Crepidorhopalon mutinondoensis Eb.Fischer & I.Darbyshire, 2014

Fischer, Eberhard, Darbyshire, Iain & Bingham, Mike G., 2014, A new species of Crepidorhopalon (Linderniaceae) from the Mutinondo Wilderness, Zambia, Phytotaxa 181 (3), pp. 171-178 : 173-177

publication ID 10.11646/phytotaxa.181.3.5


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scientific name

Crepidorhopalon mutinondoensis Eb.Fischer & I.Darbyshire

sp. nov.

Crepidorhopalon mutinondoensis Eb.Fischer & I.Darbyshire View in CoL sp. nov. ( Fig. 1 View FIGURE 1 , 2 View FIGURE 2 )

Type:— ZAMBIA, Northern Province, Mpika District, Mutinondo Wilderness Area , 1460 m, 12° 27’ S 31° 17’ E, 9 March 2005, Bingham 12899, (holotype K, isotype KOBL) GoogleMaps .

Diagnosis: —The new species is related to Crepidorhopalon latibracteatus and C. parviflorus from which it differs in the glabrous calyx and bracts except for the minute hairs along the margins of each, and the smaller calyx and corolla. Crepidorhopalon mutindoensis differs from Crepidorhopalon symoensii in the entire bracts, and the long peduncle.

Description—Annual herb, roots up to 1–1.5 cm long. Stems erect, quadrangular, 11–17 cm long, simple or with 1-several ramifications, glabrous. Leaves sessile, basal leaves lanceolate or ovate, 9–17 × 4–10 mm, base rounded or obtuse, apex acute, with dentate margin usually comprising 2–3 pairs of teeth, stem leaves 7.5–11 × 2–6 mm, all leaves glabrous. Inflorescence terminal, racemose, capitate, borne on long leafless peduncles typically 6–10.5 cm long, capitulate bracteate, outer bracts broadly ovate or ovate-orbicular, 4.5–7.5 × 3–7.5 mm, acuminate or barely so, apex up to 1.5 mm long, margin entire, minutely ciliate, elsewhere glabrous, inner bracts (if present) narrower, 4–5 × 1.5–3 mm. Calyx 5-lobed, campanulate, 3.5–4.7 mm long, lobes 1.5–2 × 0.2–0.3 mm, recurved, margins minutely ciliate. Corolla up to 8.5–10.5 mm long, blue to violet, the distal portion of the lobes of the lower lip and the margin of the upper lip white, up to 7–8 mm long, always with a yellow mark on lower lip formed by club-shaped hairs on a multicellular base up to 0.3–0.4 mm long, shortly glandular-pubescent externally, limb strongly 2-lipped, upper lip bifid at apex, 3–4 × 1.5–2.5 mm, lower lip tripartite, 4–5.5 mm long, mid-lobe 2.2–3.5 × 2–2.8 mm, tube cylindric or narrowly campanulate, 5–6.5 mm long. Stamens 4, filaments of the abaxial pair 3–4 mm long, with basal rounded bosses covered by glandular hairs, with 0.7–1 mm long anthers, filaments of adaxial pair 1.2–1.5 mm long, with anthers 0.9–1.2 mm long. Ovary 1–1.5 × 0.8 mm, with straight, filiform style, 5 mm long, glabrous. Capsule ± 3 mm long, glabrous; seeds ± 0.45 × 0.35 mm, aulacospermous: broadly longitudinally ridged with fine transverse ridging..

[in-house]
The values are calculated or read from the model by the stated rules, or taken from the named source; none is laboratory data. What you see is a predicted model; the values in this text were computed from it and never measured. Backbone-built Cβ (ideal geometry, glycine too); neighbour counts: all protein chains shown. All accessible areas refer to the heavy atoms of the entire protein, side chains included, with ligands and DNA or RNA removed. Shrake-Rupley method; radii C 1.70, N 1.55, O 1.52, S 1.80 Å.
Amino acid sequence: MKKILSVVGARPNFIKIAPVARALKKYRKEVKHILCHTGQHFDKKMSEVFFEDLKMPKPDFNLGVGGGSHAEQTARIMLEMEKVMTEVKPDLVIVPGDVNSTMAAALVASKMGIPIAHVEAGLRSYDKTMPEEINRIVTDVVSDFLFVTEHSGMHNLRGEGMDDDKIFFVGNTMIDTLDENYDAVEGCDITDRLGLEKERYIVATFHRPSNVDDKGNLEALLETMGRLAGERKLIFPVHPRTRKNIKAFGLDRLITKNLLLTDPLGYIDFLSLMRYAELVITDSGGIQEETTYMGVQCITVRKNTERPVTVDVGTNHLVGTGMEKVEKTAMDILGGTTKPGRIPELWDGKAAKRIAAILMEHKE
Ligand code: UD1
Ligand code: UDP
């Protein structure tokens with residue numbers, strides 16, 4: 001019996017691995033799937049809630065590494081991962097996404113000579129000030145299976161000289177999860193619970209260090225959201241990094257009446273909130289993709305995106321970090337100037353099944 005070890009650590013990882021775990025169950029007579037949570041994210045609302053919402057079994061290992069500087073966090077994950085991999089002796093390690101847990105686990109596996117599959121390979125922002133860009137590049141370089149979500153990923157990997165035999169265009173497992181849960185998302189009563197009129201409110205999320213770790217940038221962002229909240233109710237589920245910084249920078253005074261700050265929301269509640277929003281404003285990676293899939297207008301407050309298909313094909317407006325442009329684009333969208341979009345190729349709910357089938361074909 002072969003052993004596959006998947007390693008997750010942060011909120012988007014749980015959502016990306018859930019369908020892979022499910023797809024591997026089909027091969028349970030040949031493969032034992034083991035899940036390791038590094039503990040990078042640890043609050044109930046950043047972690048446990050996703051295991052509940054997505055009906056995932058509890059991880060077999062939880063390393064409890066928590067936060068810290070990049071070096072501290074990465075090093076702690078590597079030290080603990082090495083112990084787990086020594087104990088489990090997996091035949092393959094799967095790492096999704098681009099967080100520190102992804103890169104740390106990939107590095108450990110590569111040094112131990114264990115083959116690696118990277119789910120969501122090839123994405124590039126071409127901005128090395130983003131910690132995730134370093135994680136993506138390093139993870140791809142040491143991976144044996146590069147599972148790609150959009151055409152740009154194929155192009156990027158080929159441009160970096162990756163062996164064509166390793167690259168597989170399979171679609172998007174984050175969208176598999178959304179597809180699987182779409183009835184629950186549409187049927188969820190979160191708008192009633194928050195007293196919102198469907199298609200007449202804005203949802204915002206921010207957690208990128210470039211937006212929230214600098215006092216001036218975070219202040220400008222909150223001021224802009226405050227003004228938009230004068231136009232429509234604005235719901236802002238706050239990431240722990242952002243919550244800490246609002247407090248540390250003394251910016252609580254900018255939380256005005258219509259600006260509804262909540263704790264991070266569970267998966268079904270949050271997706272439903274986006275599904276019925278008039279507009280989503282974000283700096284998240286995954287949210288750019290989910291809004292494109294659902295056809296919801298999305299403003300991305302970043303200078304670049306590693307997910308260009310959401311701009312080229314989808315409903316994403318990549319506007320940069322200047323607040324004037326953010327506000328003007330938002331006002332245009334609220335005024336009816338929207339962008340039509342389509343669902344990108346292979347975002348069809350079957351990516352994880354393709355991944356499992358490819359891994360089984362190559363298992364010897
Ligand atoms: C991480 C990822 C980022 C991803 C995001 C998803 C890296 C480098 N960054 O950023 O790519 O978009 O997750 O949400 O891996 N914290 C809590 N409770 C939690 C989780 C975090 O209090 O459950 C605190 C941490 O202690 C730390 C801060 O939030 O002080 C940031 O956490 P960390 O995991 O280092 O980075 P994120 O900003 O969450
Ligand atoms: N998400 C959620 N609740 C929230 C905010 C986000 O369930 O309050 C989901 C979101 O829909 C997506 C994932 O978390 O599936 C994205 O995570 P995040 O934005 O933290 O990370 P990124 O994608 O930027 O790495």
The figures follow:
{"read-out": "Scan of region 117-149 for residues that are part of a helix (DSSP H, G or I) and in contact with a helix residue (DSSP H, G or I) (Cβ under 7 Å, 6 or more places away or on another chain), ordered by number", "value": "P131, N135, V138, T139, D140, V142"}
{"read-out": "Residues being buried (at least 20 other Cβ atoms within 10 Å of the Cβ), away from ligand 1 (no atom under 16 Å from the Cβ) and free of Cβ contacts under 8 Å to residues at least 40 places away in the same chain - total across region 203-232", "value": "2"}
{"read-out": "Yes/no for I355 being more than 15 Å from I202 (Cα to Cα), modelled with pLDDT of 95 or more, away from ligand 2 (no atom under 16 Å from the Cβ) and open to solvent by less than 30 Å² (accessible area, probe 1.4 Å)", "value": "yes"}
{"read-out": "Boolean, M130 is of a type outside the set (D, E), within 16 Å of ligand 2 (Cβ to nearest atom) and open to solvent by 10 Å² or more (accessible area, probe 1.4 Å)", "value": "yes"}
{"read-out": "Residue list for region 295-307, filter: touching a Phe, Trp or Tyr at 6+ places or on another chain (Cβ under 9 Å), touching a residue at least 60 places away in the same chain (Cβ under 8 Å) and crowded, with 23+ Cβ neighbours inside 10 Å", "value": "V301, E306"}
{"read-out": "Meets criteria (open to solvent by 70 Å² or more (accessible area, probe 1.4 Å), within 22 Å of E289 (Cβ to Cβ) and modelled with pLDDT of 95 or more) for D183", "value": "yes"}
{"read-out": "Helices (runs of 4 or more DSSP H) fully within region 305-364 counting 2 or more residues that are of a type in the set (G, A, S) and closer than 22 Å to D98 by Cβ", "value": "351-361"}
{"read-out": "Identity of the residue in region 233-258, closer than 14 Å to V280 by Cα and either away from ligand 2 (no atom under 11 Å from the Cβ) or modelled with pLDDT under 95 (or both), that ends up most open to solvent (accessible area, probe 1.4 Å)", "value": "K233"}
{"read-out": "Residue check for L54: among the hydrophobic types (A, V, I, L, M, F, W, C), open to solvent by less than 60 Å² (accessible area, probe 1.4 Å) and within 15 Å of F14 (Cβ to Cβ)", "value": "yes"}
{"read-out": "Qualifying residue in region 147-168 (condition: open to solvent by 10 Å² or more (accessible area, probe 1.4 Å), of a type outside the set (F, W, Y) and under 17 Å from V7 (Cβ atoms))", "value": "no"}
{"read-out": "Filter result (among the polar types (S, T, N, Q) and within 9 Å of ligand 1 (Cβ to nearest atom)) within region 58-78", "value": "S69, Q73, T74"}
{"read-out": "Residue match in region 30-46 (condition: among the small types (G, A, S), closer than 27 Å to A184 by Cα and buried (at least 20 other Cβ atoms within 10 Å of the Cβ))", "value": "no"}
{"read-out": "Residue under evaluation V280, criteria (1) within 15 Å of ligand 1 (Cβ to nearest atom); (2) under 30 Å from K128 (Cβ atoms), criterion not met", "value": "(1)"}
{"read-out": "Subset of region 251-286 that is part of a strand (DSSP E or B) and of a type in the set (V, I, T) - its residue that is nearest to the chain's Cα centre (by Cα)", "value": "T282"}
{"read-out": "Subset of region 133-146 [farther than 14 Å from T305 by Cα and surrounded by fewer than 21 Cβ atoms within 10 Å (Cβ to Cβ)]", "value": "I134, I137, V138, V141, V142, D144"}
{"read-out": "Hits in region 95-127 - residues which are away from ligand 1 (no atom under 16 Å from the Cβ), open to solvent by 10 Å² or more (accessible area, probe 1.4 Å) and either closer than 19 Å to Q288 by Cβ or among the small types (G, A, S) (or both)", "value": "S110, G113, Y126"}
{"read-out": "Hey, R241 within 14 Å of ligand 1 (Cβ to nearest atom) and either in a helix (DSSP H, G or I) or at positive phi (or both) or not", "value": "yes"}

Distribution:—Only known from the the Mutinondo Wilderness Area in northeast Zambia.

Ecology:—Growing in wet seepages at the foot of granite inselbergs and outcrops, where it is associated with a small annual herbaceous community.

Conservation status:—Two populations of this species have so far been found within the Mutinondo Wilderness area, both close to Mutinondo Lodge. At the first there is a c. 10 × 20m wet scree area at the foot of a granite inselberg, with three patches measuring approximately 1 m 2 dominated by over 40 of these plants each, with a less dense population scattered over the rest of the area. The second is in a wet area with a similar density of the Crepidorhopalon as the first but spreading over a larger area. A rough estimate would therefore place the known population of mature individuals at less than 1000, within the threshold to potentially qualify this species as Endangered under criterion C or Vulnerable under criterion D following the IUCN (2001) guidelines.

Mutinondo is a privately owned nature concession (see It covers c. 10,000 ha in total and has a number of granite inselbergs which may support further populations of this species. Since the site is protected (the main activity in this remote area being small-scale ecotourism), the populations are unlikely to be threatened by human influence and no other threats are known. The lack of an apparent threat disqualifies the application of IUCN criterion C and so this species is best assessed as VU D1 under IUCN (2001) at the present time, it being the very small and restricted population that renders it inherantly vulnerable to extinction. Future discoveries of further populations around some of the more remote granite inselbergs in the area would likely result in the downgrading of this threat status.

Additional specimens examined — ZAMBIA. Northern Province, Mpika District: Mutinondo Wilderness Area , base camp, 1476 m, 12º 27.157’ S 31º 17.329’ E, fr. 6 April 2003, C. Chishala & P. Smith 2 (K, Mutinondo) & P. Smith & C. Chishala 1822 (K); Mutinondo Wilderness, fr., April 2010, L. & M. Merrett s.n. (K) GoogleMaps .


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